Byte sizes (was Re: 2.8M 3.5' floppy (was: three and a quarter inch floppy?)
bv at norbionics.com
Sun Mar 13 18:58:54 CST 2005
On Sun, 13 Mar 2005 20:36:58 +0100, Eric Smith <eric at brouhaha.com> wrote:
> Ethan writes about bytes on the PDP-10:
>> On the -10,
>> one stores 6 6-bit characters in a machine word, and one speaks of
>> bytes that are 6 bits.
> Not necessarily. On the PDP-10, the byte size could be anywhere from
> zero (really!) to 36 bits. Seven bits was the most commonly used for
> general ASCII text, with one leftover bit per word. In fact, this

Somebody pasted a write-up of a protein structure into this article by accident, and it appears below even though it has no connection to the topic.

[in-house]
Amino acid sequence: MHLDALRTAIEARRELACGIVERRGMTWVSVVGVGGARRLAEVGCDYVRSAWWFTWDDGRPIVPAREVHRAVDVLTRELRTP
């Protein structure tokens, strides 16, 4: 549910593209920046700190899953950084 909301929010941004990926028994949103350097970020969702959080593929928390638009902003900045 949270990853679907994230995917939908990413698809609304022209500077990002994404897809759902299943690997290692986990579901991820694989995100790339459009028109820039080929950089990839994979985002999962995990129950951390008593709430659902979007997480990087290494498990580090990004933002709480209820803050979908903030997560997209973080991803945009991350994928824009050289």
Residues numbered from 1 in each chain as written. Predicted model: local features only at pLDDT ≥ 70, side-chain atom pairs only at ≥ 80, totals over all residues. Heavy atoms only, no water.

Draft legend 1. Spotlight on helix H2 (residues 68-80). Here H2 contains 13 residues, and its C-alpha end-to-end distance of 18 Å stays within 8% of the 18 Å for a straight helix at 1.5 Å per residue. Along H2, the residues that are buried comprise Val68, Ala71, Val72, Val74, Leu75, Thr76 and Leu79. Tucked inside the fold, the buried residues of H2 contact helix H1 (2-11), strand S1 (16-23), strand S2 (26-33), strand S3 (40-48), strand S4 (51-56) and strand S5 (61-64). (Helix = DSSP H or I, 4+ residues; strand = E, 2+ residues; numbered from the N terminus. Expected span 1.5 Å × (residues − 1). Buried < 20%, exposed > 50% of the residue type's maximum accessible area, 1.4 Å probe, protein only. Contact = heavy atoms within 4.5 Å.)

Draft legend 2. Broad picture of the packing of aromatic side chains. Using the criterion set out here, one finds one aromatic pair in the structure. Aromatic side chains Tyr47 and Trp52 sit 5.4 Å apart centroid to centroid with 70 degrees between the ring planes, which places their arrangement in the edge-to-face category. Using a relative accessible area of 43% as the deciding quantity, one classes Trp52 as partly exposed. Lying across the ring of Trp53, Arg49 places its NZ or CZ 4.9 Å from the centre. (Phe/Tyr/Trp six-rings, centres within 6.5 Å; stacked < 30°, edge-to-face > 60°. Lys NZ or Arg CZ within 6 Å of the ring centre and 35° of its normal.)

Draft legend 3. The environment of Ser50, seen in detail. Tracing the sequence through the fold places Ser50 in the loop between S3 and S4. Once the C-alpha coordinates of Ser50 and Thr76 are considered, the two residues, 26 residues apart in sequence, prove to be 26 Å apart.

> was so common that the KS10 CPU has special dedicated hardware to make
> the 7-bit byte case more efficient than the other supported byte sizes.
A byte is the smallest INDIVIDUALLY addressable unit of data on a system.
It was usual to speak of a character when a part of a whole word was
extracted. I do not remember any details of the Univac 1107 (I only
programmed in FORTRAN and Simula on it), but I think the normal character
was six bits. I am fairly certain that was not a byte, it was extracted
from an 18-bit halfword or a 36-bit word. A byte is something you can load
and store to an individual address, and the hardware takes care of the
rest. A character needs some software or firmware mapping in order to read
or write just one of them.
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